Schematic overview of a typical DPOAE probe consisting of a probe housing (probe body) with two speakers and one microphone. Each of these have a separate channel which leads to the probe tip. The probe tip and ear tip are detachable.

Re-engineering High-end Audiometric Devices for Robust and Affordable Audiological Testing

Hearing impairment is one of the most common forms of disability and is widespread in countries like India. Children in rural areas suffer from this because of malnutrition and inadequate medical facilities. In urban areas, many adults are continuously exposed to high levels of noise, particularly in their work environments (e.g., in factories or construction sites). Regular screening helps in early diagnosis of hearing impairment and can be treated. While screening of newborns for hearing loss is slowly gaining momentum in India, it needs to be more widespread. However, monitoring children and adults regularly is almost non-prevalent. This is because the currently available screening equipment is expensive. Further, such equipment may only be used by specialists, who are in shortage. In this project, we are completely re-engineering such screening devices in order to (i) significantly bring down its cost, and (ii) enable it to be used by laypersons in the same manner that we use blood pressure monitors or thermometers. More widespread availability of low-cost screening devices will enable their usage in schools, small healthcare centers, factories and construction sites. This in turn will help with the detection of the onset of hearing impairment and the affected patients may be referred for treatment early on, thereby significantly improving their chances of recovery or to prevent further deterioration. However, in order to significantly reduce the cost of screening devices, the newly designed devices are completely reengineered with new hardware and software architecture, without sacrificing the quality of the screening. Developing such architectures and evaluating them are the main scientific goals of this project. In particular, we are relying on two main techniques: (i) offload the involved signal processing algorithms onto a mobile phone, and (ii) instead of using expensive and specialized probes, as is the case in existing screening equipment, we are investigating to use commercially available off-the-shelf components. This will introduce significant measurement distortions, which will be corrected using suitable signal processing algorithms. Since the usage and penetration of mobile phones even in rural areas in India is relatively high, designs based on such solutions will bring down the manufacturing cost. Further, since processors in mobile phones are now very powerful, the quality of screening may not be significantly sacrificed.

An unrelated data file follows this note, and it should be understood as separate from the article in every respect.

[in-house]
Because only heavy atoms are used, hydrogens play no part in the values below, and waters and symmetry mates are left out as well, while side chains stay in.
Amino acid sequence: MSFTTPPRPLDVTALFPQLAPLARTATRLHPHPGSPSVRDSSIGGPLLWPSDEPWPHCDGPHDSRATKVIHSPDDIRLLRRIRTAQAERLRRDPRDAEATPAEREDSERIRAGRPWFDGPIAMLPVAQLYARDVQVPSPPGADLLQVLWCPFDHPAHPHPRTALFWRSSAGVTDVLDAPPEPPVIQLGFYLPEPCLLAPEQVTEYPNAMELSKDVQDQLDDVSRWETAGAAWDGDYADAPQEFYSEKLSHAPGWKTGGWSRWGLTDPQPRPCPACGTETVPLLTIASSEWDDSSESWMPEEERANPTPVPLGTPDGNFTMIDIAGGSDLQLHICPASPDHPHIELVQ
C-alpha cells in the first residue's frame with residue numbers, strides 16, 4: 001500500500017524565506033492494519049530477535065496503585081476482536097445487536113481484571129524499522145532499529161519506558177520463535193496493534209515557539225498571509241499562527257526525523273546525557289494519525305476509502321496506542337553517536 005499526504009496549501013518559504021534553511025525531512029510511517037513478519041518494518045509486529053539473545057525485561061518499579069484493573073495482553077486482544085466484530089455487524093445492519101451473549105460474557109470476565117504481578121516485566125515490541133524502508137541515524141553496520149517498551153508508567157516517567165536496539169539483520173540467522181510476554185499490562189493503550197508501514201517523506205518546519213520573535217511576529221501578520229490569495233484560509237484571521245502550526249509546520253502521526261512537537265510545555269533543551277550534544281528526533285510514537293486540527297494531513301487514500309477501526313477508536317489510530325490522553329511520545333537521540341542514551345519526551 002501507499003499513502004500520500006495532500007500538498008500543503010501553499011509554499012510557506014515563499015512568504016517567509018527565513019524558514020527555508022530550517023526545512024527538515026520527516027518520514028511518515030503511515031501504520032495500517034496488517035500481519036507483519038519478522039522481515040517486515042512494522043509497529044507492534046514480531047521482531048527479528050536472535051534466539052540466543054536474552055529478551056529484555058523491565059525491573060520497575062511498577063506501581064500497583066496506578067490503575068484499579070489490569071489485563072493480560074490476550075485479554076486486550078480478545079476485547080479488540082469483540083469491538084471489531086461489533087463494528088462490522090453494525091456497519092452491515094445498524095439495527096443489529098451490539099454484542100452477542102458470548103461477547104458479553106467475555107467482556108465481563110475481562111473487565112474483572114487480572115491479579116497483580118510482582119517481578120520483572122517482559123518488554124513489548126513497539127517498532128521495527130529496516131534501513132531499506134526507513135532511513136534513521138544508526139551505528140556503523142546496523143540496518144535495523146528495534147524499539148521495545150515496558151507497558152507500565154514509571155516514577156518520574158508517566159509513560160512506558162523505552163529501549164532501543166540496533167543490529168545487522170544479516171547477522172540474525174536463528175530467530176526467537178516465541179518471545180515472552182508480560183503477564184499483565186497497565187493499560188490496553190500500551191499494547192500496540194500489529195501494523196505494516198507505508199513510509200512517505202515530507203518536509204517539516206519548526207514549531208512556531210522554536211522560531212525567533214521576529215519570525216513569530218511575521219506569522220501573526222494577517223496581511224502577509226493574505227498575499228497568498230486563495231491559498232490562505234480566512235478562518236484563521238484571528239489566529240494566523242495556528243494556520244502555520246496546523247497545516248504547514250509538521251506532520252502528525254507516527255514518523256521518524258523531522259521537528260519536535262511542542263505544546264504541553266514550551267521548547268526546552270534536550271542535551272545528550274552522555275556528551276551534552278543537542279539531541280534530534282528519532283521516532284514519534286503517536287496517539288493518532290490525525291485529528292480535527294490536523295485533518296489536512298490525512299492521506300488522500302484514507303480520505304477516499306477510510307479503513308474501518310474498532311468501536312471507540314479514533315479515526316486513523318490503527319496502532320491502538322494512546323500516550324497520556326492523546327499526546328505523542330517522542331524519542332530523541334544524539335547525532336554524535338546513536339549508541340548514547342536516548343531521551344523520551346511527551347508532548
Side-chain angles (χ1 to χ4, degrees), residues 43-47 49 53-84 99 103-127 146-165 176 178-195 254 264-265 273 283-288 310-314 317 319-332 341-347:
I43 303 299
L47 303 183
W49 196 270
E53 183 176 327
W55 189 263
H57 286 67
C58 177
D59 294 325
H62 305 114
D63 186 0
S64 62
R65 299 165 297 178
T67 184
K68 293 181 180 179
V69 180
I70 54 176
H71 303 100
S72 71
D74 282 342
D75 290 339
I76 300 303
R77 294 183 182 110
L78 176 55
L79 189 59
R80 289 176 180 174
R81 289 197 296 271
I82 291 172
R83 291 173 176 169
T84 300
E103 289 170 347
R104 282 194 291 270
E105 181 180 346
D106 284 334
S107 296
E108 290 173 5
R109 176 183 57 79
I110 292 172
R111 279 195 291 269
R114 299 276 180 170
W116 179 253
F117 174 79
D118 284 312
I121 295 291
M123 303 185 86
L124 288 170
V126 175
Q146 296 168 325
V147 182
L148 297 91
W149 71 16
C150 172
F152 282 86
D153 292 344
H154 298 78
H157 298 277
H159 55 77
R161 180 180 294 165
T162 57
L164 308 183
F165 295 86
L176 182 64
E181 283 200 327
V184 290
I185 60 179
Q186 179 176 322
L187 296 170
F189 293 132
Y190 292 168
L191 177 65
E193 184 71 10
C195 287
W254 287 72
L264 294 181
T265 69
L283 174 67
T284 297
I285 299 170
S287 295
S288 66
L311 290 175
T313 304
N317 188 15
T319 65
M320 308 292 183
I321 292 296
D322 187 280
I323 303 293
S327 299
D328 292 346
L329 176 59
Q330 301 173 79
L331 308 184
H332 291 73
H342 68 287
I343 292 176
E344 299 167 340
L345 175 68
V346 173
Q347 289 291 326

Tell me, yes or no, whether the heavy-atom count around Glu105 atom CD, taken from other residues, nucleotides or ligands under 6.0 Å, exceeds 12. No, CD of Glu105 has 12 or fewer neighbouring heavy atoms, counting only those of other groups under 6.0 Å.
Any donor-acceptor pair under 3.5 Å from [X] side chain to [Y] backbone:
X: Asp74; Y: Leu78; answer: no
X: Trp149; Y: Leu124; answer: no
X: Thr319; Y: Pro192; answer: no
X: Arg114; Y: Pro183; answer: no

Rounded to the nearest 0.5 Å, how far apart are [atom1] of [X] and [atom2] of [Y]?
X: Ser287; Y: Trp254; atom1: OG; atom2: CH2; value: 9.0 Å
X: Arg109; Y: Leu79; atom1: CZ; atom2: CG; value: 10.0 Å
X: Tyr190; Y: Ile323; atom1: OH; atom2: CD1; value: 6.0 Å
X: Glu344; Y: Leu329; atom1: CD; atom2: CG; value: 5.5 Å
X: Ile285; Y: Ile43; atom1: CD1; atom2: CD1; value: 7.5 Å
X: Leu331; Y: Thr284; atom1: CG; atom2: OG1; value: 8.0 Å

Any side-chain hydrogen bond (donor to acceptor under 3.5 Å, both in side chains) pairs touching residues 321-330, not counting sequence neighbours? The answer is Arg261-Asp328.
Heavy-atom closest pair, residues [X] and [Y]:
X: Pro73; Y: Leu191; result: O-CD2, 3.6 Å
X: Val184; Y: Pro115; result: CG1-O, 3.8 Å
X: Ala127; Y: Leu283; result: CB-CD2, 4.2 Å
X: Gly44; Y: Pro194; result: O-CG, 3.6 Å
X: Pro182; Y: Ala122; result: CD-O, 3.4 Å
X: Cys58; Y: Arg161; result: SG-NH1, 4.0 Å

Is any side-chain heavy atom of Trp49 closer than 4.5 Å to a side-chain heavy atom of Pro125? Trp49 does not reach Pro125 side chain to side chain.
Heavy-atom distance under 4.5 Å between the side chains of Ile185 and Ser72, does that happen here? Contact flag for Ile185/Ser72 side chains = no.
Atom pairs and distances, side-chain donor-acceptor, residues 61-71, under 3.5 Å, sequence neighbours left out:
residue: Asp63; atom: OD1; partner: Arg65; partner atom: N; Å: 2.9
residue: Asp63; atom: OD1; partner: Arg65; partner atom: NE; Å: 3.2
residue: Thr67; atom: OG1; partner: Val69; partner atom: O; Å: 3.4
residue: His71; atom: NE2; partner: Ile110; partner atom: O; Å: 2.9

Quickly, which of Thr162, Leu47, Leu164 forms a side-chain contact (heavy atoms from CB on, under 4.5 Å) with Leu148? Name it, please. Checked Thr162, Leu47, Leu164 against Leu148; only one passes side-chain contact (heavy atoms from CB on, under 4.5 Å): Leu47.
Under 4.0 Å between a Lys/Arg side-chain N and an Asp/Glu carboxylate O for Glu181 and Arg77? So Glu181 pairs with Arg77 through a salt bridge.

3D-printed probe tip
OAE probe calibrator for wide frequency ranges
PCB assembly with OLED display for standalone prototype
Assembled prototype of a wireless probe


The Sound4All project is an international cooperation between Indian and German partners funded by the IGSTC.

Academic Partners:

IIT Delhi

Industry Partners:

Path Medical

Theses and Internships


Available topics are not actively posted. Contact us if you are interested in a thesis or internship in this domain, and we try to find a topic that suits your interests.


  • Firmware Development and Evaluation of an Inexpensive Otoacoustic Measurement Device


  • An Objective Hearing Test Based on Distortion Product Otoacoustic Emissions Using Android Smart-phones
  • Measurement of Transient-Evoked Otoacoustic Emissions with only one Speaker
  • Requirements and Partitioning of Otoacoustic Emission Measurement Algorithms
  • Miniaturized In-Ear Otoacoustic Emission Probe



  • Sound4All: Towards affordable large-scale hearing screening, N. Heitmann, P. Kindt, T. Rosner, K. Sikka, A. Chirom, D. Kalyanasundaram, S. Chakraborty, In 12th International Conference on Design & Technology of Integrated Systems In Nanoscale Era (DTIS), Palma, ES. [Preprint PDF]